November 2021 IMPACT Newsletter

Depression Awareness & Positive Intention

Depression in Children and Teens

Everyone experiences sadness or moments of feeling down, including children and teenagers. It is part of normal development and part of just being human. However when the sadness is persistent and produces symptoms that interfere with daily living, it may be time to seek professional help. Depression in children and teens is real and can affect thoughts, behaviors and self-esteem. Studies have shown that at least 5% or 1 in 20 children will struggle with depression before reaching 18 years of age (www.cdc.gov/childrensmentalhealth/data.html).

Mental health is physical health, so beginning with a primary caregiver can be a good start. For more information about childhood depression see the article below by the National Alliance for Mental Health.

Signs of Depression

Depression in a child or teen looks much like depression in adults. Like most illnesses, it can be very individualized based on experiences or life events. This may include:


  • changes in sleep-increased sleep, decreased sleep or problems getting to sleep
  • changes in appetite-increases or reductions in appetite or changes in body weight
  • lack of energy
  • difficulty paying attention or focusing- changes in concentration
  • lack of interest in activities or events that they used to enjoy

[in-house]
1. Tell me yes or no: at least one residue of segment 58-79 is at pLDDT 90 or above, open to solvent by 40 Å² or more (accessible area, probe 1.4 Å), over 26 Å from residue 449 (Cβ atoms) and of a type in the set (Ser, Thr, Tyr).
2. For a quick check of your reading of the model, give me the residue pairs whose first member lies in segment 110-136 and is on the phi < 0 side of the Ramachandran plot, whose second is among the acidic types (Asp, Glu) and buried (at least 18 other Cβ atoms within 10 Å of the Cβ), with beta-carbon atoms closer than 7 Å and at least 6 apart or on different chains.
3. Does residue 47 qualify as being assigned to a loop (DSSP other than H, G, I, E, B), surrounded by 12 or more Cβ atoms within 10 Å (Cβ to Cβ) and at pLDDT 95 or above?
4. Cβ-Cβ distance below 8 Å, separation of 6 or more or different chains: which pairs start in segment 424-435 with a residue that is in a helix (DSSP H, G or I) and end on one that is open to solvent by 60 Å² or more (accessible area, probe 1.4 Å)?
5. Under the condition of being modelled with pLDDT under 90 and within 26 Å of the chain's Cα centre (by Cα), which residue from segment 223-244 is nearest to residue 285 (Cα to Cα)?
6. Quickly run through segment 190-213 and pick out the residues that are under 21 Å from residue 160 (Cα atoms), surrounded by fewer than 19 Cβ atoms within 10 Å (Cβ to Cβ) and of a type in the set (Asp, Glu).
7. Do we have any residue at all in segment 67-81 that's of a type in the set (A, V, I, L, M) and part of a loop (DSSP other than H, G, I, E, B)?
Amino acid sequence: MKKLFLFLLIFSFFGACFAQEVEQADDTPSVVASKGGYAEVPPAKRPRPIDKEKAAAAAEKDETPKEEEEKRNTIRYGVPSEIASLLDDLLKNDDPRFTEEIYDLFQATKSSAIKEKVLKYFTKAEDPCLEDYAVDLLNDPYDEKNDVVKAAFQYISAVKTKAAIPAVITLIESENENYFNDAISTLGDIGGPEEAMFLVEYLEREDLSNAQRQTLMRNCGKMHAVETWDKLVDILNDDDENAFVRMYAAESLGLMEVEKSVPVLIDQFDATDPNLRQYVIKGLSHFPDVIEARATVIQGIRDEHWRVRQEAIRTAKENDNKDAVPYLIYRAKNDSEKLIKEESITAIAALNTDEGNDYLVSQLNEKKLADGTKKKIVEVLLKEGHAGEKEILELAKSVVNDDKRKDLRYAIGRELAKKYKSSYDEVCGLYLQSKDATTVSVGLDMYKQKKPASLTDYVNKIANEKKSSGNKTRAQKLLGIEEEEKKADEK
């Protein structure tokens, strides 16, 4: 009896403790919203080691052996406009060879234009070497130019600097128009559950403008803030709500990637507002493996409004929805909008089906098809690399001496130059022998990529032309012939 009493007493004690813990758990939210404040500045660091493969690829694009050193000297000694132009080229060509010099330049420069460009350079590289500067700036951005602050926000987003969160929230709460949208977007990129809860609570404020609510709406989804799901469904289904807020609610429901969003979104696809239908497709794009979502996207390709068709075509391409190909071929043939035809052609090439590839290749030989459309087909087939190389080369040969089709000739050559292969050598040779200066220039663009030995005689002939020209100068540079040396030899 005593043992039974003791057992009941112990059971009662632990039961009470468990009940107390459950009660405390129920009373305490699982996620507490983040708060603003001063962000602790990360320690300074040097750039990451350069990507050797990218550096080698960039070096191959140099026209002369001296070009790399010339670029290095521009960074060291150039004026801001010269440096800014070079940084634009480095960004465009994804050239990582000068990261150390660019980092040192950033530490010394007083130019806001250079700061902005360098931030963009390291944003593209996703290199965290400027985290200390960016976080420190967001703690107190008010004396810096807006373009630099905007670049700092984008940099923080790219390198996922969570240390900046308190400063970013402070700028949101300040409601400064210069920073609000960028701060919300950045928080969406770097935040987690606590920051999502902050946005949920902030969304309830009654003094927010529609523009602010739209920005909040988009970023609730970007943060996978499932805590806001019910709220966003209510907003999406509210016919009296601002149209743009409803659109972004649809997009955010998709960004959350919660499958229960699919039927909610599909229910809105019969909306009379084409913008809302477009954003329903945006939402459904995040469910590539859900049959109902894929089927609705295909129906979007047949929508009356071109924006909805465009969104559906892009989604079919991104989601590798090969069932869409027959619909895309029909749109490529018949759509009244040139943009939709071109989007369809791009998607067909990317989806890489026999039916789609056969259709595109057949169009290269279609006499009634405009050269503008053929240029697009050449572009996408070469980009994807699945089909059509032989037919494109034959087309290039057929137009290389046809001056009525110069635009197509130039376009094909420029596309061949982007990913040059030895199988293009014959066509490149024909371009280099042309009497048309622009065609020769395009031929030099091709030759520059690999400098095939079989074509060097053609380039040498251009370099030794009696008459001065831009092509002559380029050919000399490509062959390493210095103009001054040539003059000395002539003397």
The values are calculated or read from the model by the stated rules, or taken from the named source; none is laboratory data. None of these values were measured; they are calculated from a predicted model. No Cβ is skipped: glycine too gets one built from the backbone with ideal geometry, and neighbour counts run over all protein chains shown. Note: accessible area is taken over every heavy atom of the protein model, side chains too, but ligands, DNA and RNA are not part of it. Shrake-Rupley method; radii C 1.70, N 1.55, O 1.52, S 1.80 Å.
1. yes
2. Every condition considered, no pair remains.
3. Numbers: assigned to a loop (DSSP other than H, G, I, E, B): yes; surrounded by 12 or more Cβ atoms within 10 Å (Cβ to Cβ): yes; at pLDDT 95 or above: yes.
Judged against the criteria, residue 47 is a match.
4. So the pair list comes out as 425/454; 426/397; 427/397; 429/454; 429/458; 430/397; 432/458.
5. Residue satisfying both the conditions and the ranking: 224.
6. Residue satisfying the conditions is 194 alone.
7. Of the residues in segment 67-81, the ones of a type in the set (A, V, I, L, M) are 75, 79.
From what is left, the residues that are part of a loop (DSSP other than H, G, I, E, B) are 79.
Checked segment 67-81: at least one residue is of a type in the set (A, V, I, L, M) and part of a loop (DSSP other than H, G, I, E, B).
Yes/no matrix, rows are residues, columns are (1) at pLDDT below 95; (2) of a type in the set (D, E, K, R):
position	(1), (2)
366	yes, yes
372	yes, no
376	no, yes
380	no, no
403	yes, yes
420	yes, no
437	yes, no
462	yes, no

• negative thoughts or feelings especially in self concept
  • feelings of hopelessness or helplessness
  • changes in behavior-acting out, angry outbursts or tantrums


If you have concerns, be sure to reach out to a professional. By communicating clearly with your child, taking a thoughtful approach, and remaining flexible among options to pursue, depression can be easily managed. Below is an article by ChildMind Institute on what parents need to know when seeking help for treatment of depression.

Big picture

Positive Intention

We often get overwhelmed because we are taking on too much on our "to do" list and too little on the activities that truly strengthen us and build resilience. In order for our children to have good coping skills, we must model and practice these ourselves with positive intention.


Ten Ways to Develop Positive Intentions



  1. Cultivate Relationships
  2. Rest- Good Sleep is key to a Regulated Body
  3. Spend Time in Nature
  4. Daily Gratitude
  5. Laugh More
  6. Hydrate- Drink Plenty of Water
  7. Start a Morning Meditation
  8. Practice Forgiveness
  9. Move Your Body- Go on a Walk, or Find a Workout You Like
  10. Ask for Help- it's a strength, not a weakness


In order to see a change in our children, we must first see other's strengths and value. When we begin to verbalize positive strengths and make that our focus, our children will then begin to feel more acceptance and hope. We are all human, and making mistakes and becoming frustrated is part of life, so practice grace, not only with others, but also with yourself. Speak positive words intentionally and regularly to your child and you will see the benefits.

A Very Happy Brain

Needing More Resources?

Please reach out to your school counselor or a member of our MISD IMPACT Team if you need more community resources or information. IMPACT means Individuals Maximizing Positive Advocacy for Children and Teens.


McKinney Boyd High School IMPACT Counselors

Travis Trayler. MS. LPC

ttrayler@mckinneyisd.net

Christyna Skidmore, MS, LPC, NCC

cskidmore@mckinneyisd.net


McKinney High School IMPACT Counselors

Jill Lueke, M.Ed, LPC-Associate

jlueke@mckinneyisd.net


Lori Mitchell, MS

lmitchell@mckinneyisd.net


McKinney North High School IMPACT Counselors

Deidre Williams, M.Ed LPC-S

dwilliams@mckinneyisd.net


Mariana Gonzalez, MS, LPC

mgonzalez@mckinneyisd.net